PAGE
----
Mālik and Medina

Islamic Legal Reasoning in the Formative Period

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This book studies the legal reasoning of Mālik ibn Anas (d. 179 H./795 C.E.) in the Muwaṭṭa’ and Mudawwana. Although focusing on Mālik, the book presents a broad comparative study of legal reasoning in the first three centuries of Islam. It reexamines the role of considered opinion ( ra’y), dissent, and legal ḥadīths and challenges the paradigm that Muslim jurists ultimately concurred on a “four-source” (Qurʾān, sunna, consensus, and analogy) theory of law. Instead, Mālik and Medina emphasizes that the four Sunnī schools of law ( madhāhib) emerged during the formative period as distinctive, consistent, yet largely unspoken legal methodologies and persistently maintained their independence and continuity over the next millennium.

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Umar F. Abd-Allah Wymann-Landgraf (Ph.D., University of Chicago, 1978) taught at Windsor, Temple, Michigan, and King Abd al-Aziz universities. He currently teaches at Darul Qasim (Chicago) and has published several books and articles related to Islam and Islamic studies.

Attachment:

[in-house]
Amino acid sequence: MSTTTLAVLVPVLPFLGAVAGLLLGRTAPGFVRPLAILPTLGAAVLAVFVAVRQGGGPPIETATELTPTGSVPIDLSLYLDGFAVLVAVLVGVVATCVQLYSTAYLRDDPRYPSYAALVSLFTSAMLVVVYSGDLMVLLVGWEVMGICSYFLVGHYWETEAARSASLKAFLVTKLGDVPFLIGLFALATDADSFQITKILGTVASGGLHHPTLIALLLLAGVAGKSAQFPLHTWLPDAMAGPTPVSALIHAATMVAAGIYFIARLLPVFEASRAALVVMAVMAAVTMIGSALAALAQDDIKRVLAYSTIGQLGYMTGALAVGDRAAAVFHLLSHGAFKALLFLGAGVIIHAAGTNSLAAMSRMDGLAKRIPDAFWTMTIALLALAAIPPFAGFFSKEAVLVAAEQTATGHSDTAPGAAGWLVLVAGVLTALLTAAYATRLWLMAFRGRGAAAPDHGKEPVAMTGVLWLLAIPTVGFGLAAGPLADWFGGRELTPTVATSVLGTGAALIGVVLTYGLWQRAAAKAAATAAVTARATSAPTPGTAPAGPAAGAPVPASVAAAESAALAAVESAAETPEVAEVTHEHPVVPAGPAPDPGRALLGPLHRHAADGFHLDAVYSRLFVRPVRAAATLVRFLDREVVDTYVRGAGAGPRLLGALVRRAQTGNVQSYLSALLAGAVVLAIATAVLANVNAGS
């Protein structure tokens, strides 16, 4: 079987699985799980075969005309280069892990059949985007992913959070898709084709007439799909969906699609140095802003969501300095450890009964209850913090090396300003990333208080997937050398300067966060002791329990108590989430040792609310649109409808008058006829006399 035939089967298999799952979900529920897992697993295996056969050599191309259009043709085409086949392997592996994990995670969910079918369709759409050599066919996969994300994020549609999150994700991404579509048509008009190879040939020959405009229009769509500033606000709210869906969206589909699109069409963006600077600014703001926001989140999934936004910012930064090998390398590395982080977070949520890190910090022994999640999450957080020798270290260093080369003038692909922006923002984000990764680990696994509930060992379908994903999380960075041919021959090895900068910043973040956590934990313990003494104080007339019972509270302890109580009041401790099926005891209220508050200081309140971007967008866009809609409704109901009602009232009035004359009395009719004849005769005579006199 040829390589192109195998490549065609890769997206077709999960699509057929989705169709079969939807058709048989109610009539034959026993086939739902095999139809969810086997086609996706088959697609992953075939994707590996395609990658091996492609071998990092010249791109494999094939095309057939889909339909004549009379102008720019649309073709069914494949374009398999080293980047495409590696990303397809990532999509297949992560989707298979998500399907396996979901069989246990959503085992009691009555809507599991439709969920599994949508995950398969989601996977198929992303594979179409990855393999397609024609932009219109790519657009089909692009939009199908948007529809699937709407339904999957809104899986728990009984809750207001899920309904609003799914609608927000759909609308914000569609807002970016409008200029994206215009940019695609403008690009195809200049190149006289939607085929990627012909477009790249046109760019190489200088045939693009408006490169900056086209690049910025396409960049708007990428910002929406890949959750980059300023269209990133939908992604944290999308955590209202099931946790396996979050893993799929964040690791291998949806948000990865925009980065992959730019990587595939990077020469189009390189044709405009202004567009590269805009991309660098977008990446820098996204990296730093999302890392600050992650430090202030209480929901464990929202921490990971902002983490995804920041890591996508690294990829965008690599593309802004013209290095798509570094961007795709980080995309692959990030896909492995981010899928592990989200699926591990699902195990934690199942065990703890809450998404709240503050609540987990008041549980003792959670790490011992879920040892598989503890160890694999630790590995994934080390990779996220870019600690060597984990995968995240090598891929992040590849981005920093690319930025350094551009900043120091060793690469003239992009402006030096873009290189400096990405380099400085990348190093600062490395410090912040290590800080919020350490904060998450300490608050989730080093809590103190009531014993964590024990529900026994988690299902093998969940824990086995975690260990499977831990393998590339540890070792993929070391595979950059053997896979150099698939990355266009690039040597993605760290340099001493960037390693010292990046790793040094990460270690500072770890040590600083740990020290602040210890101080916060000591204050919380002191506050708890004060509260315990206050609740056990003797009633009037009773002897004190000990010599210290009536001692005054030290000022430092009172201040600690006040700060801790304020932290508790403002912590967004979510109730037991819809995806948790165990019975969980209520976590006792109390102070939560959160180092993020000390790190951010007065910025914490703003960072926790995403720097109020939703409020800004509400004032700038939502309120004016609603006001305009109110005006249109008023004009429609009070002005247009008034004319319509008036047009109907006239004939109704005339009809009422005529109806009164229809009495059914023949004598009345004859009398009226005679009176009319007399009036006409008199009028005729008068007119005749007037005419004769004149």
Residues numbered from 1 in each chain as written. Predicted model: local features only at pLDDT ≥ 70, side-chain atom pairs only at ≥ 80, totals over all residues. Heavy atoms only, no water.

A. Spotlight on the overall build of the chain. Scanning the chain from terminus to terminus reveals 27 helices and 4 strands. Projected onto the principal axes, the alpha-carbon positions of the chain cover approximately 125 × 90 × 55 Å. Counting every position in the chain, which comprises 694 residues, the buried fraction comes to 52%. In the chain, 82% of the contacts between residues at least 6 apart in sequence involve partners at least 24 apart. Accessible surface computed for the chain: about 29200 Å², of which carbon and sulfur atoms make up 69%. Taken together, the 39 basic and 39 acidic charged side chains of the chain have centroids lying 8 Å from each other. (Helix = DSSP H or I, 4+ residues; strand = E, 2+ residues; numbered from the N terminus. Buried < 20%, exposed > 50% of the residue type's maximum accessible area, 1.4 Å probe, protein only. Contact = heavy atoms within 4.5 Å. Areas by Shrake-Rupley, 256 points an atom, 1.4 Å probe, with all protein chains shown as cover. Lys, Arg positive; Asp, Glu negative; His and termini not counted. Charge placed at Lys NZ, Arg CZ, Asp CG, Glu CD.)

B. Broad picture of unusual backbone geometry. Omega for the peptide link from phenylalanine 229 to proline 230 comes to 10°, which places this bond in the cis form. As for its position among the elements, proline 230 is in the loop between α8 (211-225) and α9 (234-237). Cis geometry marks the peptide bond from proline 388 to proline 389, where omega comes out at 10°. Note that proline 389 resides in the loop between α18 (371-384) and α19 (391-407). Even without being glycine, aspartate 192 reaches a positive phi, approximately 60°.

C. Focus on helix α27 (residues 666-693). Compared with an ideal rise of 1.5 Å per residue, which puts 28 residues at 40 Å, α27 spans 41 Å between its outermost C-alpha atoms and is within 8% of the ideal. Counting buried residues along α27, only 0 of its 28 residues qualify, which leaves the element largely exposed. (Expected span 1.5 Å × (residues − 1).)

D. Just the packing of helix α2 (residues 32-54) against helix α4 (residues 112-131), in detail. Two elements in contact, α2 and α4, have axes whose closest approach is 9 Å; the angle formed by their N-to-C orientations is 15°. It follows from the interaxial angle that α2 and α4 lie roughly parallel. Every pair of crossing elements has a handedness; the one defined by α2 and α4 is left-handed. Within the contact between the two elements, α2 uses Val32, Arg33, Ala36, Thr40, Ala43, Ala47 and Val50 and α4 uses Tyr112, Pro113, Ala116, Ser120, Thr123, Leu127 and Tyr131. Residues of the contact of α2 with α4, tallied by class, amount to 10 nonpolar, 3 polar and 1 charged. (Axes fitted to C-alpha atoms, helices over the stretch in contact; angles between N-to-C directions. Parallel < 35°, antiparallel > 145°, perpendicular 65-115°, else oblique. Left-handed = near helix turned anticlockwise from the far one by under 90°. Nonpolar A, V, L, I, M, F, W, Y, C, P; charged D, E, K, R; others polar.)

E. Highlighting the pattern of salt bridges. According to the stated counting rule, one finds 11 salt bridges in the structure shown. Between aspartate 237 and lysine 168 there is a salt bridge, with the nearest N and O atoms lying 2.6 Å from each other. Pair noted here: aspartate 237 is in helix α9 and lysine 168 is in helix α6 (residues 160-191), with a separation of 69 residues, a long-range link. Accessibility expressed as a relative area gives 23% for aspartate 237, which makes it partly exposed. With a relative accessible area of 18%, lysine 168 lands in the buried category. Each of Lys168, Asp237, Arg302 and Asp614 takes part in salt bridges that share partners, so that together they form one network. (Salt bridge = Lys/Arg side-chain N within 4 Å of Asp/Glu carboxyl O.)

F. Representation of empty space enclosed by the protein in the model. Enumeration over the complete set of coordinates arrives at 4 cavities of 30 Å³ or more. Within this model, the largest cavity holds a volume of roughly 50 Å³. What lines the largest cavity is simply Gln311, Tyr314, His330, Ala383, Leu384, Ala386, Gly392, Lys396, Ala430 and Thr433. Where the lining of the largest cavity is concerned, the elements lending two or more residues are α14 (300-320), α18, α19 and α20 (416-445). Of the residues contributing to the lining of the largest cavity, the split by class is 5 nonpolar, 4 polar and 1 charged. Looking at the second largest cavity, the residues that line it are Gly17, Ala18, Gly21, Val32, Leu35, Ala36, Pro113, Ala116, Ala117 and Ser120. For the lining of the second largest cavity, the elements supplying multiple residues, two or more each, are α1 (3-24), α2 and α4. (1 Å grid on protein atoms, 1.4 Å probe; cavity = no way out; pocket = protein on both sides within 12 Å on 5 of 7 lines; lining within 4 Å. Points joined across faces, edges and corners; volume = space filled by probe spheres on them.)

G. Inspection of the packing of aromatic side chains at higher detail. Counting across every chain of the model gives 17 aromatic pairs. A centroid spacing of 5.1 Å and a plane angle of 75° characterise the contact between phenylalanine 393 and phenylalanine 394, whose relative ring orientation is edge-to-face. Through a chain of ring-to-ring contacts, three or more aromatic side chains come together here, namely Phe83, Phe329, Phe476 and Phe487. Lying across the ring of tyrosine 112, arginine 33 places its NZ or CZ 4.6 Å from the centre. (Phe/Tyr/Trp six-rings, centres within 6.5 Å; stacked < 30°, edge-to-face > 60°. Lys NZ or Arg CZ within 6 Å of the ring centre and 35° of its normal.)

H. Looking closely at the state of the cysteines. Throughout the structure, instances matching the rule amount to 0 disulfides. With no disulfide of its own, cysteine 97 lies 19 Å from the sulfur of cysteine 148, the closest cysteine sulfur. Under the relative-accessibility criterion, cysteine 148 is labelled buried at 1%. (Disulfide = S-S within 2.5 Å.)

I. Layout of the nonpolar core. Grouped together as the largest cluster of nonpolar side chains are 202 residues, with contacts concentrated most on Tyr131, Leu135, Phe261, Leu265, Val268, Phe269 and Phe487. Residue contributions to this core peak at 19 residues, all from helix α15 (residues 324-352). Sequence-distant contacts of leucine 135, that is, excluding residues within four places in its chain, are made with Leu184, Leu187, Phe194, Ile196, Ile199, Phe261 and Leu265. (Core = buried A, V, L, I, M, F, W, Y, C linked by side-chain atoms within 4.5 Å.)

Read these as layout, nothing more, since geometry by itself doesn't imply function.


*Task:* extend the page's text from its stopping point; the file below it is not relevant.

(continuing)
“…an enormously important study of early Islamic law that does for the Mālikī school what has not been achieved for any of the other schools, namely, providing a systematic analysis of its foundational texts of positive law.” - Ahmed El Shamsy, in: Ilahiyat Studies 5/1 (2014), pp. 126-131.

" Mālik and Medina demonstrates the profound value of reading classical works of Islamic law thoroughly and paying close attention to their authors' technical terms. No contemporary reading of the Muwaṭṭa in Western scholarship comes close to what Wymann-Landgraf has accomplished. The author is to be praised for publishing his ground-breaking research, which also engages in secondary literatures in German, English, and Italian..." - Scott C. Lucas, University of Arizona, Tucson, in: Journal of the American Oriental Society 137/3 (2017)
Acknowledgements
Introduction

PART I
Chapter I: Mālik in Medina
Chapter II: An overview of Mālik’s Legal Reasoning
Chapter III: Medinese Praxis through the Eyes of Others
Chapter IV: Medinese Praxis in the Eyes of the Mālikī Tradition

PART II
Chapter V: Mālik’s Terminology
Chapter VII: the Sunna-Terms
Chapter VII: Terms Referring to the People of Knowledge in Medina
Chapter VIII: References to Medinese Praxis
Chapter IX: Amr-Terms Supported by Local Consensus
Chapter X: AN: Al-Amr ʿIndanā

Conclusion: Mālik and Medina in Perspective
Bibliography
Index
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